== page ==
. If you've never programmed before, come on our Learning to program in Ruby
training course, or if you have programmed before book onto our Ruby Programming Course
. And ask to stay for an extra day (cost £350.00) and I'll run a Ruby on Rails course extension
even if it's just for you. You'll leave after your course not only understanding how the elements go together, but also with practical experience of doing it yourself.
(written 2010-01-30, updated 2012-06-23)
| This is one of a series of summaries taking you from initial installation of Ruby and Rails through to a complete multitable application:|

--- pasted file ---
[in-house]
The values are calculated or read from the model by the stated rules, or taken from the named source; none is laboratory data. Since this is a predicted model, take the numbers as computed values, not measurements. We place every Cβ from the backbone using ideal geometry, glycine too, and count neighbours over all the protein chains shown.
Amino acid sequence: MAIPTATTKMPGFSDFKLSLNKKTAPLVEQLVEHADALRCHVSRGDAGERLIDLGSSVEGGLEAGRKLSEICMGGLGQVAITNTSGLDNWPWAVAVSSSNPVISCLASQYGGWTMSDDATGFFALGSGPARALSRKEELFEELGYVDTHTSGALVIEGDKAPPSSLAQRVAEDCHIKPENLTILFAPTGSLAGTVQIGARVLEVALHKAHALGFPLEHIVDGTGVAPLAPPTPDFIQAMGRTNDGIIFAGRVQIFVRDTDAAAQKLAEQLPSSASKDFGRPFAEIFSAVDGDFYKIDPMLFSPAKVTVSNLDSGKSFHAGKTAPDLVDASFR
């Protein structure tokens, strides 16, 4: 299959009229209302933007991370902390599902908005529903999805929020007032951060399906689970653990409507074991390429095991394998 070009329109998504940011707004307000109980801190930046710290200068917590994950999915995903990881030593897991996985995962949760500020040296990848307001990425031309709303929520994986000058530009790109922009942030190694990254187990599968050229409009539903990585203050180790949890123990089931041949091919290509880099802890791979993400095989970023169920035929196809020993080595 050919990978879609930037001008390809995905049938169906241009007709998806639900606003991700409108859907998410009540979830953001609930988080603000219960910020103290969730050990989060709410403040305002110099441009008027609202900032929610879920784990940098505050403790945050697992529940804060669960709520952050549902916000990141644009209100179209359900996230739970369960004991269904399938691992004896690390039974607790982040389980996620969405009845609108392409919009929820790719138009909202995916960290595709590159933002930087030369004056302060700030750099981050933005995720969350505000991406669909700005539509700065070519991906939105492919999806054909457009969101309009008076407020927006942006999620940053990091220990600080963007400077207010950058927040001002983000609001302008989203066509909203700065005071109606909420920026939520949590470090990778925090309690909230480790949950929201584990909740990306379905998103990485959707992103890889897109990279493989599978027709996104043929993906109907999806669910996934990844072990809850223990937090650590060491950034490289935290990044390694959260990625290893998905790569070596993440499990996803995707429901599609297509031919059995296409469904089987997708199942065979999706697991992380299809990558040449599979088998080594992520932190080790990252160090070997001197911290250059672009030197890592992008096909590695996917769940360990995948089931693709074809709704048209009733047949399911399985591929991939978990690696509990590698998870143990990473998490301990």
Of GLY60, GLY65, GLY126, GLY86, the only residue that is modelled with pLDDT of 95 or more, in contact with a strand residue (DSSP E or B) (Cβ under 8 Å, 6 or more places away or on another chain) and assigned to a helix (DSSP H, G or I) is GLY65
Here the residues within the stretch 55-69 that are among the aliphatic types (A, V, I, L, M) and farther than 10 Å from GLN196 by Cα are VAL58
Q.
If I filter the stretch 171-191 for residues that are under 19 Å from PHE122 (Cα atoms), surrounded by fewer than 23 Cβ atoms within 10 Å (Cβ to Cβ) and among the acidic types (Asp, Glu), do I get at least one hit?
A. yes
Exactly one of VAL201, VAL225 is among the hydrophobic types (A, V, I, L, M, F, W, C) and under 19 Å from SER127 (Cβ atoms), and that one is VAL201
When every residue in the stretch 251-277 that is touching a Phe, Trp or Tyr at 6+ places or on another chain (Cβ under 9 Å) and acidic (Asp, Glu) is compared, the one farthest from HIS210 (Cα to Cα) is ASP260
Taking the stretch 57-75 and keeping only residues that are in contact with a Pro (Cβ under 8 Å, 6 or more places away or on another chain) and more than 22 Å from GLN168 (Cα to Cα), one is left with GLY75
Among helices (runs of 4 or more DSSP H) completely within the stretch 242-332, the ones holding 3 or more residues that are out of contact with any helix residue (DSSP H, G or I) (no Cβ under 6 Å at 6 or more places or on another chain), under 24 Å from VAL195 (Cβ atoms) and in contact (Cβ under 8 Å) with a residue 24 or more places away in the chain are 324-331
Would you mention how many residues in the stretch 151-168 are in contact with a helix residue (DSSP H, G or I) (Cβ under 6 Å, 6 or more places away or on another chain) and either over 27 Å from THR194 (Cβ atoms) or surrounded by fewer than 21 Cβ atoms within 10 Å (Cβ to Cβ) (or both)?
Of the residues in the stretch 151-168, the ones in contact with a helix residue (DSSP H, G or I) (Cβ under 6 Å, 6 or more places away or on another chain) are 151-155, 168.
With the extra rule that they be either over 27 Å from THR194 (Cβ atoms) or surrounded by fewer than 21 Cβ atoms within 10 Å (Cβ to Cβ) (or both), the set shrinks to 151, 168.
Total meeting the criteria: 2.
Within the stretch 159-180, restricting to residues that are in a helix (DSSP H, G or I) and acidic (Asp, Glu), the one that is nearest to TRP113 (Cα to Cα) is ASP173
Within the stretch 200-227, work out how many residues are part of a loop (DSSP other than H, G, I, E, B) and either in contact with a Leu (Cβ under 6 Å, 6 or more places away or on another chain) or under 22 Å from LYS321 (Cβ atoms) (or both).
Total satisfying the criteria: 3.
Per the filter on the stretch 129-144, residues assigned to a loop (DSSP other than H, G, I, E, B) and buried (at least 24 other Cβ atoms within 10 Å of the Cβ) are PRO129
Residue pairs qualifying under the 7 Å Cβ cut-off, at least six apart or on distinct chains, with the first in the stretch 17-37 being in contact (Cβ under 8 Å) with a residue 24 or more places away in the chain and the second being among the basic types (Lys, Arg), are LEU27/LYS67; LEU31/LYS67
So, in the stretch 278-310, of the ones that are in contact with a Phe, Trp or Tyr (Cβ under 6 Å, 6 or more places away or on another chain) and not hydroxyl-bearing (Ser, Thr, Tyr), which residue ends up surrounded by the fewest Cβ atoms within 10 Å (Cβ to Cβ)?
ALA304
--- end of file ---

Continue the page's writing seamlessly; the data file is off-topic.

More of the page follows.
[link] - Installing Ruby and Rails
[link] - Hello World, Ruby on Rails Style
[link] - What and Why - Model, View, Controller
[link] - Multiple views, same model
[link] - A form to allow data to be added to the model
[link] - Validating data entries for storage in the model
[link] - Cleanly viewing model data
[link] - Complete sample, including a multiple table model
These topics are covered on our Introduction to Rails day - an optional extension of Ruby Programming or Learning to program in Ruby
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Ruby - training for automated testing users - (2010-06-25) 
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Adding validation to form entries and sticky fields - Ruby on Rails - (2012-06-23)